Flavius Josephus (A.D. 37–c.100) is the author of what has become for Christianity perhaps the most significant extra-biblical writings of the first century. His works are the principal source for the history of the Jews from the reign of Antiochus Epiphanes B.C. 175–163) to the fall of Masada in A.D. 73, and therefore, are of incomparable value for determining the setting of late intertestamental and New Testament times.
First Century AD Christianity found itself at odds with the culture, which dominated the Roman Empire at the time. Just as the Jewish Maccabees rejected the Greek culture two centuries before, so did the early Christians, who would not pay homage to other gods or to the Roman Emperor.
Oral Tradition is both sharply distinguished from written tradition and yet closely connected with it. Many literary traditions are based on oral traditions, making it necessary to investigate how transitions were made from one to the other.
The Mishnah is an authoritative collection of exegetical material embodying the oral tradition of Jewish law and forming the first part of the Talmud.
The Sanhedrin was the supreme judicial council of Judaism with 71 members, located in Jerusalem. It figures prominently in the passion narrative of the Gospels during Jesus’ trial and appears again in Acts as the judicial court which investigates and persecutes the growing Christian church.
“Salvation is of the Jews.”1 This wonderful people, whose fit symbol is the burning bush, was chosen by sovereign grace to stand amidst the surrounding idolatry as the bearer of the knowledge of the only true God, his holy law, and cheering promise, and thus to become the cradle of the Messiah.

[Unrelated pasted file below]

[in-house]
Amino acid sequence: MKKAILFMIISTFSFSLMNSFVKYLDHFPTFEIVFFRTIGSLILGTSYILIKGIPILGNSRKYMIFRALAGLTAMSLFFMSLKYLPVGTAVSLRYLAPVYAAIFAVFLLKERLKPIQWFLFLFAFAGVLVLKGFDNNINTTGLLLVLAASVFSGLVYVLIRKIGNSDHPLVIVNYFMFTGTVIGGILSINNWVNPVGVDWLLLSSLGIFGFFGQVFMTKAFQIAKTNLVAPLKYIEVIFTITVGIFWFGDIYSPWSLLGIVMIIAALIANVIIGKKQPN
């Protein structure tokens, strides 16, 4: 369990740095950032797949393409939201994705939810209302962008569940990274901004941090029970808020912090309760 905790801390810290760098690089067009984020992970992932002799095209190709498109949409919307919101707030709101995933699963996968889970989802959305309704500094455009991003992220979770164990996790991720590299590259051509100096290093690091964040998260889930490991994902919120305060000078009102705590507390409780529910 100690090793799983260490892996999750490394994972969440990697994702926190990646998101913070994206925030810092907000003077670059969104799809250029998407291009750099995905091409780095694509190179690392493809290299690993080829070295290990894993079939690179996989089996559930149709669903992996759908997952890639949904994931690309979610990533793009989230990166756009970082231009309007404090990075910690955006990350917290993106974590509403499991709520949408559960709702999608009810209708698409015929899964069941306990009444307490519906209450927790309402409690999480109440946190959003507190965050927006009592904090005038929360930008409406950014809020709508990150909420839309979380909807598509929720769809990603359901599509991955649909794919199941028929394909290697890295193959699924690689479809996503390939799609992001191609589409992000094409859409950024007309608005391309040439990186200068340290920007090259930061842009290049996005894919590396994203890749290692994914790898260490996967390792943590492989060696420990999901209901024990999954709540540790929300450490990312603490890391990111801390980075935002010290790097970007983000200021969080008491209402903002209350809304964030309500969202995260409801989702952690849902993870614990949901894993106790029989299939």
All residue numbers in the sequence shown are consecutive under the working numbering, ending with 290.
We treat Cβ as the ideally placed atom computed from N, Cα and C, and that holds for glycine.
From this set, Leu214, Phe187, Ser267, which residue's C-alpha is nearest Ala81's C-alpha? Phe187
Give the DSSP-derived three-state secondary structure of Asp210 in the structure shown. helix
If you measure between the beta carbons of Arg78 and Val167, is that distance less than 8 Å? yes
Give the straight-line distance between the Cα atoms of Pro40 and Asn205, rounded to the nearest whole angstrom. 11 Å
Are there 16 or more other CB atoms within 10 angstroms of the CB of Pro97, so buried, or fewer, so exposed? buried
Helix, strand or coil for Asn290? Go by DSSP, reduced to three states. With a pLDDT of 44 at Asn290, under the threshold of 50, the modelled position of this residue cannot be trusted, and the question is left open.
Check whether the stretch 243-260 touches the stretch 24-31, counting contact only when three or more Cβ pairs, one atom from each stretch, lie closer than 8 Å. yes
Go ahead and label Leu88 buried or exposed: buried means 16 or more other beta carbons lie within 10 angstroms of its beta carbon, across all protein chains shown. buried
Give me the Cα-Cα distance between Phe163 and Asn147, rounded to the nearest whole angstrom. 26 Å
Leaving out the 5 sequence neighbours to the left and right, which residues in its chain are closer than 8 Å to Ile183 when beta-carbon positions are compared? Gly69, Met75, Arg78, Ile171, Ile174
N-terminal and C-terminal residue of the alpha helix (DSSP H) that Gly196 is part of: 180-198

Judaism was a Jewish religious system the was not really based on the Hebrew Scriptures. One of the most prominent divisions of Judaism, that of the Sadducees; Then, there were the Pharisees, another important branch of Judaism. There were other minor branches as well. These two main groups followed oral traditions and unscriptural traditions, which made it hard for many common Jews or Jewish religious leaders to accept Christ. The traditions of men helped to enslave the Jewish people to their unscriptural traditions and their religious leaders.
To see clearly the relation of the Christian religion to the preceding history of mankind, and to appreciate its vast influence upon all future ages, we must first glance at the preparation which existed in the political, moral, and religious condition of the world for the coming of our Savior.
But for those who do not adopt the extreme agnostic position, there is no other logical position except that of accepting the general scheme of ancient history, in which Christianity is the crowning factor that gives unity and rational plan to the whole.
When the disciples realized that they had seen the risen Christ for the last time and that it had now become their duty to spread His message, they gathered themselves together and restored the number of "witnesses" to the appointed Twelve. Immediately afterward the outpouring of the Holy Spirit gave them the signal to begin work.